ABOVE One of the Creative Galleries in the recently redeveloped Nottingham Castle explores the city’s long association with lace production.

Nottingham Castle

Nottingham Castle reopened last year following a £33-million transformation of its grounds and galleries. Carly Hilts dropped by to see what has changed.


While travelling to see the University of Nottingham Museum’s exhibition about textile production in the medieval East Midlands (see CA 384), I also took the opportunity to visit Nottingham Castle. The last time I had been to the city (to review another exhibition at the university’s museum; see CA 358), the castle had been closed, undergoing a three-year, £33-million programme of conservation, renovation, and redevelopment. So, with the site having reopened to the public just a few months before my latest trip, I went to see what was new.

One of the Creative Galleries in the recently redeveloped Nottingham Castle explores the city’s long association with lace production. PHOTO: Tracey Whitefoot.

As it turned out, the answer was: rather a lot. In addition to funding roof repairs and the restoration of historic stonework and lime plaster, and landscaping the castle grounds, the project has seen every major gallery space completely refitted. The site has also gained a new visitor centre, café, and shop; an immersive space called ‘Robin Hood Adventures’, which uses interactive games and digital storytelling to explore the legends associated with Nottinghamshire’s most famous outlaw; and, for younger visitors, a large adventure playground (‘Hood’s Hideout’), which has been installed in the moat. The castle itself boasts an eventful history, which explains its unconventional appearance. The original Norman fortifications were founded in 1086 to guard a strategic crossing of the Trent, before being rebuilt in stone by Henry II (r.1154-1189). The castle was subsequently seized by supporters of the rebellious Prince John and besieged by his brother Richard I in 1194. This was also where Edward III deposed the usurper Roger Mortimer in 1330, where Richard III set out for his ill-fated last stand at the 1485 Battle of Bosworth Field, and where Charles I raised his standard in a call to arms that heralded the English Civil War. The castle was a Parliamentarian stronghold during this latter conflict, and in the aftermath its semi-derelict medieval structures were replaced by a grand mansion built by the 1st Duke of Newcastle. Although the Ducal Palace was gutted by fire in 1831, it was restored in the 1870s, with a museum opening within its walls in 1878.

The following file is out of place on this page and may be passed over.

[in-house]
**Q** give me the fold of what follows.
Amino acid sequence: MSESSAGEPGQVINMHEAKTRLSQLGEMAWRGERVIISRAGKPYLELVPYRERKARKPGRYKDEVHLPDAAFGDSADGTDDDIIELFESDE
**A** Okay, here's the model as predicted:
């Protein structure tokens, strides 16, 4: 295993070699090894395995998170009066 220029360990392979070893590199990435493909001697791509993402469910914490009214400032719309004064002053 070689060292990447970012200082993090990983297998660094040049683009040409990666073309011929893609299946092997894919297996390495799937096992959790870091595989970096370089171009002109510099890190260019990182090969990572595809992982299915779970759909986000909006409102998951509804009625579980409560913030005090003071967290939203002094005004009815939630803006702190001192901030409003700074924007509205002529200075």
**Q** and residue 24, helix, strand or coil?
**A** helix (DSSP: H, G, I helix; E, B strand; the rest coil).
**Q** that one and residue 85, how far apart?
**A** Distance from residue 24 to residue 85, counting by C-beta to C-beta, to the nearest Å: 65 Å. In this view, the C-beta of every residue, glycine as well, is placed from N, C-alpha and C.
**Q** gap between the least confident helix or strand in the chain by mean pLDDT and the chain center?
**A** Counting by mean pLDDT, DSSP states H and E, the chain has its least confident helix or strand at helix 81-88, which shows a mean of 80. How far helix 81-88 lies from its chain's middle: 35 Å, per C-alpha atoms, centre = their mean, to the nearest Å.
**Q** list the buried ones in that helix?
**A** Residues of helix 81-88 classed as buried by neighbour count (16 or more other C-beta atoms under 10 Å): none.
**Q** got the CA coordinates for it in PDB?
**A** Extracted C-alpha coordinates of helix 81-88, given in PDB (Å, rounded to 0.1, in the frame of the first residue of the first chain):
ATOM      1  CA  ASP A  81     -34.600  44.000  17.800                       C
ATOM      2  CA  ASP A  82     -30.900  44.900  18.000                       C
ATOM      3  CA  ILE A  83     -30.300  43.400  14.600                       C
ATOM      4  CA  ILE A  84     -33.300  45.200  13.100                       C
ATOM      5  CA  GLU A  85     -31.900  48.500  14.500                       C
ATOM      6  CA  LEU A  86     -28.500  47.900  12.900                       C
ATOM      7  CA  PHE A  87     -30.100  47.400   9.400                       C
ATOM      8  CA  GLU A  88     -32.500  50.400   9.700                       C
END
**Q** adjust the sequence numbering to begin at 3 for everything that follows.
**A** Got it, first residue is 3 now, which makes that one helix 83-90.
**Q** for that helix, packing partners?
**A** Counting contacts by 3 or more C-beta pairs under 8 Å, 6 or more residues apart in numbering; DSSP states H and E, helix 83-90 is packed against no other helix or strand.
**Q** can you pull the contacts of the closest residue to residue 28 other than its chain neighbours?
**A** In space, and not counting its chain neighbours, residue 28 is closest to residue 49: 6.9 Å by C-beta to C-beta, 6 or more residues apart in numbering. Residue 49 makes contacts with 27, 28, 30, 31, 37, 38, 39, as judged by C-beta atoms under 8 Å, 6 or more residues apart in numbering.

Relics of rebellion

One of the main spaces within the modern museum is the ‘Rebellion’ gallery, dedicated to the castle’s turbulent past and focusing in particular on three key episodes of uprising that it witnessed: the English Civil War, the Luddite Revolt, and the 1831 Reform Bill riots. The Civil War material includes a poignant display of ranks of pike heads, each one representing 1,000 deaths, as well as musket- and cannonballs, and a graffitied stone block from one of the castle’s prison cells. Together with these more traditional displays, the gallery also features sound and lighting effects, as well as interactive information boards and video screens from which actors portraying historical figures speak to you.

BELOW The Rebellion Gallery combines more-traditional displays with digital media and interactive elements.
The Rebellion Gallery combines more-traditional displays with digital media and interactive elements. PHOTO: Tracey Whitefoot.

One of these is Lucy Hutchinson, who was the wife of the Governor of Nottingham Castle during the Civil War. Her husband was one of the signatories of Charles I’s death warrant, and between 1664 and 1671 Lucy wrote a detailed memoir in an attempt to rehabilitate her husband’s reputation. For modern readers, her work provides a remarkable eyewitness account of this period, containing detailed descriptions of contemporary events and the appearance of the castle at this time. The physical book is included in the displays, accompanied by a digital model in which you can turn pages and explore key passages in greater depth.